Many of my clients worry about their aging parents, especially if they live faraway. While it’s relatively easy, even from a distance, to hire someone to take care of the grocery shopping, yard work or snow plowing, or even to provide home health care, there may be a bigger problem that’s tougher for adult children to help their parents cope with — loneliness.
Loneliness can have serious health consequences for older people, increasing the loss of physical function and even hastening death. Attempting to quantify the effects of loneliness — defined as a sense of not having meaningful contact with others, accompanied by painful distress — geriatricians at the University of California San Francisco (UCSF), asked 1,640 adults age 60 and older how often they felt isolated or left out, or longed for companionship. The study began in 2002 and was repeated, with researchers surveying the same group, every two years through 2008.
Interestingly, as reported in “The High Price of Loneliness,” an article by Judith Graham published in the New York Times, the number of older adults who reported feeling lonely didn’t change significantly over that period; the percentage held relatively steady at 43 percent. Consistently, about 13 percent of the older adults reported that they were often lonely, while 30 percent said loneliness was sometimes an issue.
Importantly, what did change over the six-year study period was the health status of the elderly men and women who described themselves as isolated or unhappy. By 2008, 24.8 percent of seniors in this group reported declines in their ability to perform the basic activities of daily living — bathing, dressing, eating, toileting and getting up from a chair or into bed on their own. Among those adults who did not describe themselves as lonely, only 12.5 percent reported such declines in health and well-being.
The UCSF researchers also found that the lonely older adults were 45 percent more likely to die than the seniors who felt meaningfully connected with other people. This percentage held even after the study results were adjusted for contributing factors like depression, socioeconomic status or existing health conditions.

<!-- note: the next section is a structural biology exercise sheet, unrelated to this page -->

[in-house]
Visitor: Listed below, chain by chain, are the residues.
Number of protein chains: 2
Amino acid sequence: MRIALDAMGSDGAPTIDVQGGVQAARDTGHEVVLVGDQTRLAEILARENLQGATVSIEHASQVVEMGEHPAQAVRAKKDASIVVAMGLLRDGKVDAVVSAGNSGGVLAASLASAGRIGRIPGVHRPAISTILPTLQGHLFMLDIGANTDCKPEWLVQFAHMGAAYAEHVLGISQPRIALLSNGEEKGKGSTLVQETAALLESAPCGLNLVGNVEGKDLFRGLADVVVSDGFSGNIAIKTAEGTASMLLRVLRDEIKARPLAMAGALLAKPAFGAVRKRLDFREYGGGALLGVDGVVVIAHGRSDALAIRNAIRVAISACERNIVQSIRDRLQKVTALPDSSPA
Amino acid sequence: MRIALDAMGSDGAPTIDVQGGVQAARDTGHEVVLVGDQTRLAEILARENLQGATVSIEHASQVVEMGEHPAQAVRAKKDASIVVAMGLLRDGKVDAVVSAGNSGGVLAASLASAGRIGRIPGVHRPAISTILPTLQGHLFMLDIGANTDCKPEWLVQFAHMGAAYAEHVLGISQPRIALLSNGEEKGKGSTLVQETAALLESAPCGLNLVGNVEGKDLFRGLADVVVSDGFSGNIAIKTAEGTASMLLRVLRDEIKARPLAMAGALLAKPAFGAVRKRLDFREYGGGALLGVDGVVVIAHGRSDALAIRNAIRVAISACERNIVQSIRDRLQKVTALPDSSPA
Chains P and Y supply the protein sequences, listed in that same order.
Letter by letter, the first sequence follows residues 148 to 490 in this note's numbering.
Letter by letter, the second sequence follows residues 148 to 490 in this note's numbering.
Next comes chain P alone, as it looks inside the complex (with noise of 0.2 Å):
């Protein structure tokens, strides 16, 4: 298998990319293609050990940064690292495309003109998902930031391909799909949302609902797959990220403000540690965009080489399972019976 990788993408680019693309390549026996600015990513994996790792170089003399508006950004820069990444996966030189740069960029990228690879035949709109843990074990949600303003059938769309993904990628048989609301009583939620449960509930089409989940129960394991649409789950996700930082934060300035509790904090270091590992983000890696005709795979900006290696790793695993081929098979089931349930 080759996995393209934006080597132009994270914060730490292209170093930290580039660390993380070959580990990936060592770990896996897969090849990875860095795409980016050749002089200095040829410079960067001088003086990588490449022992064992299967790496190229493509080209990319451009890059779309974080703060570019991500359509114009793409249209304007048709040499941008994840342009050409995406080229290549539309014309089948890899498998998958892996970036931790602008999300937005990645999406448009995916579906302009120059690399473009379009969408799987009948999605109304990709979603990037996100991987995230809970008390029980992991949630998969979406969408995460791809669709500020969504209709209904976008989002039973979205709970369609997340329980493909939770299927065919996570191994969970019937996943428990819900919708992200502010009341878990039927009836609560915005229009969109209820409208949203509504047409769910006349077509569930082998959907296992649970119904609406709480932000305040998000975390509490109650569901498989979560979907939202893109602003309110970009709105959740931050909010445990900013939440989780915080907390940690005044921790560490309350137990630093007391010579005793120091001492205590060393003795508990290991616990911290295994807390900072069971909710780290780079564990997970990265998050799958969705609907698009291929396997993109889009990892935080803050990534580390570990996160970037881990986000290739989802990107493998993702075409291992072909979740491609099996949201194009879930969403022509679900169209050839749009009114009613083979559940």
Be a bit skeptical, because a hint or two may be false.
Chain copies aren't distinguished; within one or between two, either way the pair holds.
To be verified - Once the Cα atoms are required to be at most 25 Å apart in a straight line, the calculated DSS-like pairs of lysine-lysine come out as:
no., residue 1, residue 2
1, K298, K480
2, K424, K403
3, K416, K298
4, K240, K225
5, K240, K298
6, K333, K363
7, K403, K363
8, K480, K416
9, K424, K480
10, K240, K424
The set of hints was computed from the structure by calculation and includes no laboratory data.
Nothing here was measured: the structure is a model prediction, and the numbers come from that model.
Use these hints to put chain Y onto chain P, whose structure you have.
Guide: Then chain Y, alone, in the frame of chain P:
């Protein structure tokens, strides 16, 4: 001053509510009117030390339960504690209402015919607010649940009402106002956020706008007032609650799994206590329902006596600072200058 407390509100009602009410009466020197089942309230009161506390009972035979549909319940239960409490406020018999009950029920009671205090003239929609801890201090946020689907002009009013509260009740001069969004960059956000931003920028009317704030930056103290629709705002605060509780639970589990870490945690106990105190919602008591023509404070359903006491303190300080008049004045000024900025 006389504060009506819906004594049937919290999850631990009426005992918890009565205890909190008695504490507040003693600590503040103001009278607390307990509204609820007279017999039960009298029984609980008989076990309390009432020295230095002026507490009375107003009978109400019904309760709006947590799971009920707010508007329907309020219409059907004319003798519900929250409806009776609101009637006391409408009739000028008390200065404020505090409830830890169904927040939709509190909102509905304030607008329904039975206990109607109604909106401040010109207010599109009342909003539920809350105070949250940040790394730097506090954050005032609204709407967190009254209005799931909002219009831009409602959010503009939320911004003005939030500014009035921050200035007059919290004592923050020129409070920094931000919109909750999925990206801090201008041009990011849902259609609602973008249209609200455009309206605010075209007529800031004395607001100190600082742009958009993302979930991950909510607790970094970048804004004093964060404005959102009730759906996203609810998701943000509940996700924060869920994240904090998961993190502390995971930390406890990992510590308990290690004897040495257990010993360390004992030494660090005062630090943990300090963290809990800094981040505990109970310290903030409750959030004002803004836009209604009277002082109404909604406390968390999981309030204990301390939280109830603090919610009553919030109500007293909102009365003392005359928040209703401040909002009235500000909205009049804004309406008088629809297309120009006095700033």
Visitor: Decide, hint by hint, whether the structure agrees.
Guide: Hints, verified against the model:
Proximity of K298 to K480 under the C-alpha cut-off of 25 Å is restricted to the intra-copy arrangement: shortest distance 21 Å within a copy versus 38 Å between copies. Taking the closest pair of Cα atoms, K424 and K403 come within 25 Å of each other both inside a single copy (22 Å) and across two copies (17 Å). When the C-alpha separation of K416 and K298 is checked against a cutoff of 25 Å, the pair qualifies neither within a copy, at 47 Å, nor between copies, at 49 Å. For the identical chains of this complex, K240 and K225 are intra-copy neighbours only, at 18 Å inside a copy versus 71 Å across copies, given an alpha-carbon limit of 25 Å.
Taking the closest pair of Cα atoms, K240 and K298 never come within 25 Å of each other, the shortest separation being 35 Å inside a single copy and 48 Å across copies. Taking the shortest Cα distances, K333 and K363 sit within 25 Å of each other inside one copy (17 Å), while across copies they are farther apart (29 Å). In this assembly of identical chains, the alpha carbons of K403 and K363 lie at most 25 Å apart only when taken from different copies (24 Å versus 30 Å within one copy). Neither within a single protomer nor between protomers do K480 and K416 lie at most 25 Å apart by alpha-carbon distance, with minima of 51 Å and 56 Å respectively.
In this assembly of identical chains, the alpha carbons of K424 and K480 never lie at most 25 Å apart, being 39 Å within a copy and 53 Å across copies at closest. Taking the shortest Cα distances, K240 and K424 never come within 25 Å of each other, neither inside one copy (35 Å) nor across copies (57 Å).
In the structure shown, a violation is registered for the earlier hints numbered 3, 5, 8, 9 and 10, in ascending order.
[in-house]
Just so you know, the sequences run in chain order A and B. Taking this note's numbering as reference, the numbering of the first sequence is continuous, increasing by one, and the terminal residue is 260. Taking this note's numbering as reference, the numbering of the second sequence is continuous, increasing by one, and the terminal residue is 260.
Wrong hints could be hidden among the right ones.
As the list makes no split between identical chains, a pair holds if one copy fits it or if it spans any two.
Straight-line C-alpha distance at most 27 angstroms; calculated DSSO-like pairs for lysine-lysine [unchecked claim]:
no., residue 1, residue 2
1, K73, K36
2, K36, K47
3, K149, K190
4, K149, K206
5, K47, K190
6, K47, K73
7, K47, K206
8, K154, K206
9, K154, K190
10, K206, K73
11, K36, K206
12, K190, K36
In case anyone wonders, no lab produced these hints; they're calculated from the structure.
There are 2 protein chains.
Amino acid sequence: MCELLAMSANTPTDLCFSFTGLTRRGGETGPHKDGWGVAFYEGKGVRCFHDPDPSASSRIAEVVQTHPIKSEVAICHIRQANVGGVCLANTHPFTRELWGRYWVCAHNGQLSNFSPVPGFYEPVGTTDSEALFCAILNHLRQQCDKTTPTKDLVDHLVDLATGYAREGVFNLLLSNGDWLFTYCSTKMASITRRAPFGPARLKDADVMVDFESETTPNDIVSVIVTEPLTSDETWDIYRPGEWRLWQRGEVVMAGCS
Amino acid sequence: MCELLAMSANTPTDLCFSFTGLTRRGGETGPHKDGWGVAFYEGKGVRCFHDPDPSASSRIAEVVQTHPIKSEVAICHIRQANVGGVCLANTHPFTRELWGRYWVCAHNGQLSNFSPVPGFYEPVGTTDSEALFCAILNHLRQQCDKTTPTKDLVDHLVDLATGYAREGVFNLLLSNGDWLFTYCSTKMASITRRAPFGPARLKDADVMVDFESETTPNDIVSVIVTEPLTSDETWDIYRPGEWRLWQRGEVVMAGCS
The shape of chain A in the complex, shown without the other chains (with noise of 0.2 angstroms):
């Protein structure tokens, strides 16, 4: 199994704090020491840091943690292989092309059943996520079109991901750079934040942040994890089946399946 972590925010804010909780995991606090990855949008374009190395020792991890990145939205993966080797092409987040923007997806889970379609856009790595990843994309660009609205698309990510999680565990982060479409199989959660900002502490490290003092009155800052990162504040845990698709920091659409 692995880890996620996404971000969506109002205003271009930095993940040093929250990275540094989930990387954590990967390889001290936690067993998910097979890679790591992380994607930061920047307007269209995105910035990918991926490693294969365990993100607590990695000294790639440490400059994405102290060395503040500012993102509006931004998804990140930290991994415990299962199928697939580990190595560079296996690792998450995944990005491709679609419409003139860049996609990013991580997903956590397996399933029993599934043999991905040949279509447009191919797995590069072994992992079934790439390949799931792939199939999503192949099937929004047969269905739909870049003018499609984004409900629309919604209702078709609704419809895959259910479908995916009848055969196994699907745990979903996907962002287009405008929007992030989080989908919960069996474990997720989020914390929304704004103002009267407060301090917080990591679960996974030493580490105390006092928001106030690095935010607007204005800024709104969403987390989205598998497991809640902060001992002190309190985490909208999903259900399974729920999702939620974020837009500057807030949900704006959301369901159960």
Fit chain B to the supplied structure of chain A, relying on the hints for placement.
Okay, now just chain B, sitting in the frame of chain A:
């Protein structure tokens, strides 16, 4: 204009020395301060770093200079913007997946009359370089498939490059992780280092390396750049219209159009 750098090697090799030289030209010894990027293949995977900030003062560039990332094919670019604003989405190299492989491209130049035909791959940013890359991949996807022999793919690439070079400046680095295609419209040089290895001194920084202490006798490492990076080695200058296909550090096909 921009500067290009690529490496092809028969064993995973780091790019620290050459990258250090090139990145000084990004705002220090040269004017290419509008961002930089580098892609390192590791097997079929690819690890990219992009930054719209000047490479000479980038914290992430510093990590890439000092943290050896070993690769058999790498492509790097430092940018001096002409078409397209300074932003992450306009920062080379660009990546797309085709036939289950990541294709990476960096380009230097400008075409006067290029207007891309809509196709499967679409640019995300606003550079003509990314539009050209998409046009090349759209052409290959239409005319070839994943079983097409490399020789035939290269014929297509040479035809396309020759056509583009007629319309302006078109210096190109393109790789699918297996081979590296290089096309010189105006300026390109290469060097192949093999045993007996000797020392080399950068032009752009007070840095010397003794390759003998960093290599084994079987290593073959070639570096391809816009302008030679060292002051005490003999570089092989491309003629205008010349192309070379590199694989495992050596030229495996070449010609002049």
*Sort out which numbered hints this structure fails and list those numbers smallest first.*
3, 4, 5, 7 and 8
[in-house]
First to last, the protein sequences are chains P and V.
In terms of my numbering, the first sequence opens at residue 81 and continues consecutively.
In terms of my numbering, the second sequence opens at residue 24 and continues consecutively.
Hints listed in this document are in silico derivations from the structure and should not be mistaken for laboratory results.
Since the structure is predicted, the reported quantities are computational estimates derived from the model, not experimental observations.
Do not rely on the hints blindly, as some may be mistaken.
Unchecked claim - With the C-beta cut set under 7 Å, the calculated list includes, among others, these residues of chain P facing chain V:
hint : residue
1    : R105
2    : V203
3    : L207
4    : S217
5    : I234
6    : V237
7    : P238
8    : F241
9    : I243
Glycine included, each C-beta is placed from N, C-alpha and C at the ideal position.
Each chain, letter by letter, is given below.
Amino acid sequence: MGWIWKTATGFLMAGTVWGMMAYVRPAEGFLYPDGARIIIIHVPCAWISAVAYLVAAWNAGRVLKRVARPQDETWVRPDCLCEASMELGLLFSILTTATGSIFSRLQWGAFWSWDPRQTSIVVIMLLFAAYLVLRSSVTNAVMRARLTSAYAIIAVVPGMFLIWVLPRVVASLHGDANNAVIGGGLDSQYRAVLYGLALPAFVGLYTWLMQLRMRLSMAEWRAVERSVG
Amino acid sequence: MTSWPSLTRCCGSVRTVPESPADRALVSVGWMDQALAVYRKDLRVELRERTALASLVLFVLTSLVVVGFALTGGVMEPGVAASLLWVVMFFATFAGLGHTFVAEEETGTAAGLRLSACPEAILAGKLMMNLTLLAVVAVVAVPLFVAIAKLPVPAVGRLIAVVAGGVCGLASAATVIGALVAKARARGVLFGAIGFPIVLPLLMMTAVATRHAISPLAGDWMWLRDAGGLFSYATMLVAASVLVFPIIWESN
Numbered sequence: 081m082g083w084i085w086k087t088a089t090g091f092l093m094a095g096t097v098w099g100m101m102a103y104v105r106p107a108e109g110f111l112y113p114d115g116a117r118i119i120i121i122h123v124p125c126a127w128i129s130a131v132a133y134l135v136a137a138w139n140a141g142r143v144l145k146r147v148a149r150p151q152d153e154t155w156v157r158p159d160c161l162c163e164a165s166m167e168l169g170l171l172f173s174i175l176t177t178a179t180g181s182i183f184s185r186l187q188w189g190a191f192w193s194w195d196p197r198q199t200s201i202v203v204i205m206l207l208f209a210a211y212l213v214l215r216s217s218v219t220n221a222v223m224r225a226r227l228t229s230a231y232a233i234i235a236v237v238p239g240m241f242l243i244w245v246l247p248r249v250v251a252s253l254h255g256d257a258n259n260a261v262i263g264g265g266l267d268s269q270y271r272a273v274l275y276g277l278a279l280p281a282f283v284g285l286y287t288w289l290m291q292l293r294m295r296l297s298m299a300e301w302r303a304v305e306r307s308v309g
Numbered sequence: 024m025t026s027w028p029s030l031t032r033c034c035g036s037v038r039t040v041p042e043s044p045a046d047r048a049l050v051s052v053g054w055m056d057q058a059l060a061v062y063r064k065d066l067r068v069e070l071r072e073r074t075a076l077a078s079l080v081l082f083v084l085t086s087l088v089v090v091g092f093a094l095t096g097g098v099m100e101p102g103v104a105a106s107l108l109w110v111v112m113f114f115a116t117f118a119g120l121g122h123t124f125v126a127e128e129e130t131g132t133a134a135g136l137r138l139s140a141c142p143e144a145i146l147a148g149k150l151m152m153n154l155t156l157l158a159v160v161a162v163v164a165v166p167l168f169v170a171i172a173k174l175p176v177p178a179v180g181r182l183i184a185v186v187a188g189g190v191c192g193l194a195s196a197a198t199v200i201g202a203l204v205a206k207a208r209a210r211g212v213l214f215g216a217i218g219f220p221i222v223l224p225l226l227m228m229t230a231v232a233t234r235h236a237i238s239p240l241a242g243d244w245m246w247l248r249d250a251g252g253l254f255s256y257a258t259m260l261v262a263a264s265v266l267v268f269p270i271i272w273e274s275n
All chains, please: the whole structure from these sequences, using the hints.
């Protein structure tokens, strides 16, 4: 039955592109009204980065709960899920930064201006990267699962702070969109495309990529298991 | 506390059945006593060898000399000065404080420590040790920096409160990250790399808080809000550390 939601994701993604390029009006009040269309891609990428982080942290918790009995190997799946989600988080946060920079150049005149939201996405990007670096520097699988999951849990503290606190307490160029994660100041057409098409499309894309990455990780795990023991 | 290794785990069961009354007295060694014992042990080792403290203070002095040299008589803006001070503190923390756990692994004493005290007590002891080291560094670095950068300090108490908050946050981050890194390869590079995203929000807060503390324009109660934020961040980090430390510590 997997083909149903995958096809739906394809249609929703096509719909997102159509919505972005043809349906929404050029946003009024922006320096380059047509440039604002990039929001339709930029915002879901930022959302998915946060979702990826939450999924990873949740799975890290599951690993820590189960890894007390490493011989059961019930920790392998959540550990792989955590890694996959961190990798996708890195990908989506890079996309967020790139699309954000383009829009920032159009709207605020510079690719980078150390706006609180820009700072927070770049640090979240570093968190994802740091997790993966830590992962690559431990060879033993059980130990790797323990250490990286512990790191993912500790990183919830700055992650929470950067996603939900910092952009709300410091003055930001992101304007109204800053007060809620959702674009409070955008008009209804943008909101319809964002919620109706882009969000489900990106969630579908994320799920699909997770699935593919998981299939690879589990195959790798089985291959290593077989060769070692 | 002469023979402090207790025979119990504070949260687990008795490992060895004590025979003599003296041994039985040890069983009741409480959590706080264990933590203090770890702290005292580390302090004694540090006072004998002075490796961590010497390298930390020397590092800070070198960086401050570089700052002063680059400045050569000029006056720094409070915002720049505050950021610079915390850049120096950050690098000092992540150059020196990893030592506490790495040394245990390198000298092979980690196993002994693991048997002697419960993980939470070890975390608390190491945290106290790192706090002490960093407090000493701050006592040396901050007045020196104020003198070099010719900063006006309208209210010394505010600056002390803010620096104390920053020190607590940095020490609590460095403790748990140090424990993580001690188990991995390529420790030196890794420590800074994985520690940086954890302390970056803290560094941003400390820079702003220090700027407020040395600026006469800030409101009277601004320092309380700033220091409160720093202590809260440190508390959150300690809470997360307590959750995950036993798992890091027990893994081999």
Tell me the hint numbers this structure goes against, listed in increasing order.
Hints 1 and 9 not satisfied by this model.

In trying to understand the connection between declining health and loneliness, Graham points out that other research indicates that loneliness is related to biological processes that may result in changes in the immune and inflammatory processes and/or the disruption of the stress-related hormones. It’s also been proven that loneliness can increase blood pressure and exacerbate depression.
In reporting their study results, the UCSF researchers were quick to stress that loneliness is not the same thing as being alone. In fact, 62.5 percent of the older adults surveyed who reported being lonely also identified themselves as married! Rather, the researchers stressed that loneliness results from a lack of meaningful connections.
That’s an important distinction for me because often clients will justify delaying a visit back home, stating something along the lines of, “My mother has plenty of friends and she belongs to a garden club, so she’s always busy” or “My mother and father are lucky to have each other.” However, this research illuminates the important point that loneliness can result even if the older people have significant or numerous personal relationships. Loneliness, say the researchers, is about “how people experience relationships, not the number of relationships they have.”
That is, although you may think that your aging parents are happily engaged in life because they have each other, or close friends, or community groups, it is possible that loneliness will develop simply because their connections to the people in their daily lives are not as deep or meaningful as they could be.
The researchers insist that their findings do not devalue “what’s known in the scientific literature as social supports.” In fact, they say that social supports from peer groups to church groups are critical to older adults’ health and well-being, as well as to their longevity. But the study results seem to underscore the fact that a weekly bridge game cannot replace the benefits of deep personal connections, like the kind between family members.
In closing, I was particularly struck by a quote Graham includes in “The High Price of Loneliness” from Barbara Dane, a then 85-year-old jazz and blues singer from Oakland, California. Offering a painfully honest and powerful observation on aging and loneliness, Dane said, “As you get older, you see the world writing you off. So you tend to become passive and think, ‘I don’t want to bother anybody.’ You lose contact with your own kind, your tribe. And before you know it, you’re feeling bad. It’s kind of like a self-fulfilling prophecy. Your eyes start to fasten on the sunset, and you start walking toward it.”
We need to think about that and make more of an effort to call and visit our aging parents, as well as our older relatives and friends. As they deal with the inevitable loss of old friends or struggle with health or financial issues, you have what it takes to help them feel less alone — and to lead not only happier, but more connected, healthier, lives.